Text by: Shirlene Green Newball Photo by : Kimmo Lehtonen
My phone rang and I saw it was a loving friend calling, so I picked up. On the other side, I heard her sad and weeping voice saying: “He hit me and I had the baby in my hand”. She was referring to her partner and father of her child. I was mad since I also had my experience in my teen.
When I arrived at her house I saw a bruise on her left cheek. We sat down and she told me her outrage violence story. She decided not to press charge against him, which was unacceptable to me, but I knew I had to respect her decision and just let her know that I was there to support her. And so I did.
Gender-based violence forms can be physical, psychological, sexual, economic, and others carried by individuals and states. Every day hundreds of women and girls around the world live it, so my friend’s case was not an exception.
According, to the Global Study on Homicide 2019: Gender-related killing of women and girls research published in July by the United Nations Office on Drugs and Crime (UNODC) in 2017, a total of 87,000 women were killed intentionally from which, 50,000 were killed by an intimate partner or relative, meaning that 137 women were killed daily by a family member. This act of killing a woman is known by international organizations, some governments, academic, and women movements, as femicide.
The study also highlights the total women murders by continent; Asia being the continent with the largest number fallowed by Africa and the Americas.
Since I became an activist, every 25thof November, I participate in manifestations on the International Day for the Elimination of Violence against Women. Historically, this day is based on 1960, when Dictator Rafael Trujillo assassinated the three Mirabal sisters in the Dominican Republic.
My friend was at home in her porch when the episode occurred, which confirms that our home is not a safe place for us, but so are the streets, public transportations, and social media channels.
Can you imagine that in Granada, Spain, during the manifestation on Monday (25 November) a group of girls was attacked by a man with a knife? This act is insane and ironic. Why did he attack women in a protest against violence? Is it because of hate speech, superiority or misogyny? What is clear is that someone almost got injured because of these extreme thoughts.
Currently, the media and the Internet are spaces that lead to a lot of contents of violence against women.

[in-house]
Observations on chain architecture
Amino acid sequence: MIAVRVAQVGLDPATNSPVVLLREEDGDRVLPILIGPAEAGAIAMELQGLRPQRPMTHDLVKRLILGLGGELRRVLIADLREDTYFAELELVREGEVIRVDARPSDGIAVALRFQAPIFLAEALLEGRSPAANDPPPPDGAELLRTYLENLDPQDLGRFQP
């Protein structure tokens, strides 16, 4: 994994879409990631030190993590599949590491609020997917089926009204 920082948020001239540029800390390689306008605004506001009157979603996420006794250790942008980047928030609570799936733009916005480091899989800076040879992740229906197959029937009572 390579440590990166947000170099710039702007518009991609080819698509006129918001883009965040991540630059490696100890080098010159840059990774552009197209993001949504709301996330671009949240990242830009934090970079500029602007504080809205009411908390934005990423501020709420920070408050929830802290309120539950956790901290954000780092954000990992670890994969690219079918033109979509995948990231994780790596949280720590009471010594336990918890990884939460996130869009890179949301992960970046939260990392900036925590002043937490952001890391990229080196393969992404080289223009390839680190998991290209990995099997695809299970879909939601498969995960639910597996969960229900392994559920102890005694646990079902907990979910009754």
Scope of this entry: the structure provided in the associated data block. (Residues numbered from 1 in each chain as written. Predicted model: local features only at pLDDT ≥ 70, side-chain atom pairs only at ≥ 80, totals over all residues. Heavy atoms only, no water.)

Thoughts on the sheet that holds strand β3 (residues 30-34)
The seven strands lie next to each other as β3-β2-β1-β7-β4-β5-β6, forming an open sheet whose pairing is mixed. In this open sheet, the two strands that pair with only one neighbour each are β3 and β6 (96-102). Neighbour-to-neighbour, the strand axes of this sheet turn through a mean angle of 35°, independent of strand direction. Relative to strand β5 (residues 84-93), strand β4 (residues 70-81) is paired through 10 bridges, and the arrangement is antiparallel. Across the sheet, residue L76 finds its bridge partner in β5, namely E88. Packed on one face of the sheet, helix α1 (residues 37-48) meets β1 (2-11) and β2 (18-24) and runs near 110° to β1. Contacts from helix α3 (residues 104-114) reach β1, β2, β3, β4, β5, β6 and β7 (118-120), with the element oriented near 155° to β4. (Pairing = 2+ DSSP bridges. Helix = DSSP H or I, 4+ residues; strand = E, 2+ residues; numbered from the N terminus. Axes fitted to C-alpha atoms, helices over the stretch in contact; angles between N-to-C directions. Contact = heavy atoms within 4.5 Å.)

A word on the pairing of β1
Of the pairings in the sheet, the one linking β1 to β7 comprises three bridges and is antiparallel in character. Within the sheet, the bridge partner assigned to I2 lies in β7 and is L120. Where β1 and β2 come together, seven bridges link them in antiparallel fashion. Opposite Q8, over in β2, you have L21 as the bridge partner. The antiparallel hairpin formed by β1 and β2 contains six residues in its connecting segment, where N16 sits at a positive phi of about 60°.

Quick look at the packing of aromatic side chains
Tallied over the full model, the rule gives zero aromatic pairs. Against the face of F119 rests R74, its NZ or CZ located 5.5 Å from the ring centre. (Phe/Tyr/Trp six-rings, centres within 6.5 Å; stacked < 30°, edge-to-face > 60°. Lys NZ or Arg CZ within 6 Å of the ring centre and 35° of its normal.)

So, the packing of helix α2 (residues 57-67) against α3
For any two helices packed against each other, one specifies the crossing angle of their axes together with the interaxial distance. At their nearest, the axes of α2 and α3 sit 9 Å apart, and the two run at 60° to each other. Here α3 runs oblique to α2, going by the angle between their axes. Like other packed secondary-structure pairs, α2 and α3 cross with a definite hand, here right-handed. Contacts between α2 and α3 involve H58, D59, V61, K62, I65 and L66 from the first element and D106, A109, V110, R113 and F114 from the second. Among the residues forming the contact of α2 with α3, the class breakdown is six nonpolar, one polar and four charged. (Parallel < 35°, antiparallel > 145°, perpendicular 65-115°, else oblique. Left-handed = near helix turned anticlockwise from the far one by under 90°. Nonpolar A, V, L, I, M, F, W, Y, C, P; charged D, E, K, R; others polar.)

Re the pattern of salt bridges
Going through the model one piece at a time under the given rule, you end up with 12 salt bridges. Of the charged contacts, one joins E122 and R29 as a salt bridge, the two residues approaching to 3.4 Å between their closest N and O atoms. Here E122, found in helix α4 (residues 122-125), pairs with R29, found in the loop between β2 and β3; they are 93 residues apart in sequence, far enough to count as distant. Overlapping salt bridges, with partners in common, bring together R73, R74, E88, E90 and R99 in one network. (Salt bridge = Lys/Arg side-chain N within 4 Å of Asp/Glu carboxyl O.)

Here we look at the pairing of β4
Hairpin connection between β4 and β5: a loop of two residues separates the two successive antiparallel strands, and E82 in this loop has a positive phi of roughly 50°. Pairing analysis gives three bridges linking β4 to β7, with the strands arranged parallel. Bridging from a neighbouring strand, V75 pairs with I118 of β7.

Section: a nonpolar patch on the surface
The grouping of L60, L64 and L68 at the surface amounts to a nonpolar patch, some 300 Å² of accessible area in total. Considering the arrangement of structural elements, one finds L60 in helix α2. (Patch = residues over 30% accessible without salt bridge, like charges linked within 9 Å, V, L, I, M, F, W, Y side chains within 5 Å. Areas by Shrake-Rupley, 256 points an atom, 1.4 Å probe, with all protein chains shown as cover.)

Do you remember the ridiculous attack Greta Thunberg faced during her visit to the United States of America in September? This teenage activist raising awareness about climate change was attacked tremendously on national television and social media by the right party. The accusations were crazy, from the way she dresses, her hairstyle, her whiteness, etc.
On the 23rd of September during the broadcast of Fox News, Michael Knowles called her “a mentally ill Swedish child”.
Another ridiculous statement came from Laura Ingraham, the Fox News host who called Greta’s United Nations speech as “chilling”, with a head title saying, “Climate change hysteria is changing our kids”.
Since social media plays an important role in being informed and active today, my friends and I got caught in this discussion. One of my friends was so tired of answering that it occurred to her we needed a strategy to continue, so she started to tag others in her answers with the purpose of getting support of our statement against the furious women and men attacking Greta and all her supporters.
Gender-based violence has increased over the years. As women, we all are exposed to attacks any day. So it is not only the on 25thof November that we need to remember this, it is every single day.
The strategies women create to counteract violence may seem foolish for some people. However, whatever you invent to protect yourself, make sure that it is effective and of great help to you.
My friend was brave to call me and tell her story, but unfortunately, not every woman does it because they are scared and ashamed. From my experience and my friend’s, it is better to break the silence, look for help, go to a shelter home and press charges. Remember you are not alone and there is always support.